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Um, at any rate, the magnetic field of Earth is created by the mysterious processes beneath our feet at the center of the planet.  The Earth’s inner core is believed to have two layers: an outer core of molten iron and heavy metals and an inner core of solid iron nickel alloy.  The inner core is about 70% of the volume of the moon and it is nearly as hot as the surface of the sun with an estimated temperature of (5,430 °C) or 9806 °F, but the molten outer core is only as hot as the surface of an orange star (2,730–4,230 °C; 4,940–7,640 °F).  Within the outer core, eddy currents form in the superheated metal. The complex relationship between these currents, the spinning planet, and the two core layers creates a geodynamo which produces the planet’s magnetosphere which in turn captures the particles which make up the Van Allen Belts.  However, the eddy currents cause the magnetic poles to invert every few hundred thousand years (we are currently overdue for such a flip).  The South Atlantic Anomaly is a manifestation of the “weather” in the molten outer core of Earth–a prelude to the magnetic polar flip.  First generation spacecraft used solid state components and had big ungainly robust circuitry.  Additionally they were hardened against radiation.  Some of today’s craft make use of delicate & elaborate microcircuitry which is prone to failure when struck by esoteric radiation particles.  This is how what happens far beneath our feet influences what happens to craft in outer space.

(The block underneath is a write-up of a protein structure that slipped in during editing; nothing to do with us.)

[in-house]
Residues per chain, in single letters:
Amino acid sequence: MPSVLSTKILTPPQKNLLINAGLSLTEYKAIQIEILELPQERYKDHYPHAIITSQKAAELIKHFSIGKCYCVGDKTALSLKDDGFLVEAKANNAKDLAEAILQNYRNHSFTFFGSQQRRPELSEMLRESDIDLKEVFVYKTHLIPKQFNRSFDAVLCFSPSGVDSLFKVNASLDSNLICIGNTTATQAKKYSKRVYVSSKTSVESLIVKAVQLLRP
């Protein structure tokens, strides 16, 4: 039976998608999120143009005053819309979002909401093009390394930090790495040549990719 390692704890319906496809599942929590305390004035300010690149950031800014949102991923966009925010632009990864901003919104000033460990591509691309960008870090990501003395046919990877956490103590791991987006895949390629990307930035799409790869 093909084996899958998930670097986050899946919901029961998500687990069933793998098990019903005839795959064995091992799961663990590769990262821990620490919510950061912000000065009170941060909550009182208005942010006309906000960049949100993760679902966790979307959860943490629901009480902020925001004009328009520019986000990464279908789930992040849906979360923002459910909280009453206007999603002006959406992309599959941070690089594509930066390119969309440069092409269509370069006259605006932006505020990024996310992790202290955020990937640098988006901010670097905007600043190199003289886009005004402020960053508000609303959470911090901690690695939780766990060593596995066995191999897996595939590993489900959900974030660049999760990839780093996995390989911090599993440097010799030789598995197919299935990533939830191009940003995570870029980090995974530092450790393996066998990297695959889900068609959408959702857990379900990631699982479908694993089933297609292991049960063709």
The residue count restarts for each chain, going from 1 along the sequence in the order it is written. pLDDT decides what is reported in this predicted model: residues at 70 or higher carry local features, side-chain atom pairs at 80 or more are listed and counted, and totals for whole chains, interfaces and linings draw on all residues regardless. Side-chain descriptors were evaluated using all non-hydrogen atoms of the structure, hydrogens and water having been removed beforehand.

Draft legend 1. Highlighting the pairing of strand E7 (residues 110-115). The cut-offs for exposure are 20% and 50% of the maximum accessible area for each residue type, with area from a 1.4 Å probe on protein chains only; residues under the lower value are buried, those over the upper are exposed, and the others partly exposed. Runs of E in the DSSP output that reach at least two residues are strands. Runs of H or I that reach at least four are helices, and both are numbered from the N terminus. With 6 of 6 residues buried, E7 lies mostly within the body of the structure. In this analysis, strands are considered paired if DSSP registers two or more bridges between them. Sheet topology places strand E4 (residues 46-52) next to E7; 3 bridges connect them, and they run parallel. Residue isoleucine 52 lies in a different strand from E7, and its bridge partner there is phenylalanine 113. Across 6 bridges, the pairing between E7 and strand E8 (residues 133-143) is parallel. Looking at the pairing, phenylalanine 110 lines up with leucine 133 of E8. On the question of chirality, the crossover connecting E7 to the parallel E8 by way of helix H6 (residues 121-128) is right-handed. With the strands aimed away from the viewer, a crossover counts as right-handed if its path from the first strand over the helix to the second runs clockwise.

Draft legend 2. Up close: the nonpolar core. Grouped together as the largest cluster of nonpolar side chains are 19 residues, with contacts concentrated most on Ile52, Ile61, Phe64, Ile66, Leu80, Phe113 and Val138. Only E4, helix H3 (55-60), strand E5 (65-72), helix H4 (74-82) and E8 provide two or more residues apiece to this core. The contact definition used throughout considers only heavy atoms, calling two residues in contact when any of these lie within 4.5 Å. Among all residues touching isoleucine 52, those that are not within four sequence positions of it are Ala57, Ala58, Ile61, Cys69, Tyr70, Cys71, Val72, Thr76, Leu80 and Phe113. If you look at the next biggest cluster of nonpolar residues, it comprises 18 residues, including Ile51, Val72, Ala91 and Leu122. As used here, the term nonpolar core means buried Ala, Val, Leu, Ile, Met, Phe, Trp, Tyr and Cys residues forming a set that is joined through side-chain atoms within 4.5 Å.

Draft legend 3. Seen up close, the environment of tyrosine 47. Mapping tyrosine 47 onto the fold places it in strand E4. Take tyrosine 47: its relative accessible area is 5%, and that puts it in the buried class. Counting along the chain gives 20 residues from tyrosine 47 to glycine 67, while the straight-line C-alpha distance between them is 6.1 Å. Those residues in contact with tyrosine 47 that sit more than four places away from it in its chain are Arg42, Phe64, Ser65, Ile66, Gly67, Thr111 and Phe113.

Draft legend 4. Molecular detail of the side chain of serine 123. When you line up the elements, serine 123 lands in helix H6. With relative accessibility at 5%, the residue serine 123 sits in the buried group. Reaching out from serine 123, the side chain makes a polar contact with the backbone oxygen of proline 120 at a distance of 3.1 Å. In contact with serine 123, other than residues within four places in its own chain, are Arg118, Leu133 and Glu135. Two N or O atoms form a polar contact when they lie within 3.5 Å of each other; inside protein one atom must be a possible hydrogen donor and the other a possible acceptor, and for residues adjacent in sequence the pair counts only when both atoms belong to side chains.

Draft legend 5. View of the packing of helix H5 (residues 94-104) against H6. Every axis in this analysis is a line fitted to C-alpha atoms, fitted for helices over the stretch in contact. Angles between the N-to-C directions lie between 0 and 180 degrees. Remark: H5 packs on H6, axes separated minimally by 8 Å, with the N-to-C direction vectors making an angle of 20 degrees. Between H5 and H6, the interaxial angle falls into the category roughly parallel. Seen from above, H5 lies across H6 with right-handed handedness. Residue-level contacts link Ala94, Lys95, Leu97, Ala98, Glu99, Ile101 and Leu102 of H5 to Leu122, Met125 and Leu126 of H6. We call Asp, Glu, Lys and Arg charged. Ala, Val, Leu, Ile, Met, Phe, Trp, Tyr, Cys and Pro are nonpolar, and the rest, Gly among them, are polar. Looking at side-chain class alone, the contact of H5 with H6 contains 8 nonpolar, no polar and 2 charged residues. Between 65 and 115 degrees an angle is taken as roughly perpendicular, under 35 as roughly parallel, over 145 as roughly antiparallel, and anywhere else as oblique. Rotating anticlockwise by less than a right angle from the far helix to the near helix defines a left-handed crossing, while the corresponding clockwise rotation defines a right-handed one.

What with all of the holiday excitement, we have failed to compliment the Chinese Space Program on their successful lunar landing.  On January 3rd, 2019, the Chang’e IV spacecraft landed on the South Pole-Aitken Basin, on the far side of the Moon, and deployed the Yutu-2 Rover.  Here is a stunning photo taken by the rover as it began its explorations of the lunar surface.  The spacecraft is, of course, named after the beautiful and sad Chinese moon goddess, Chang’e.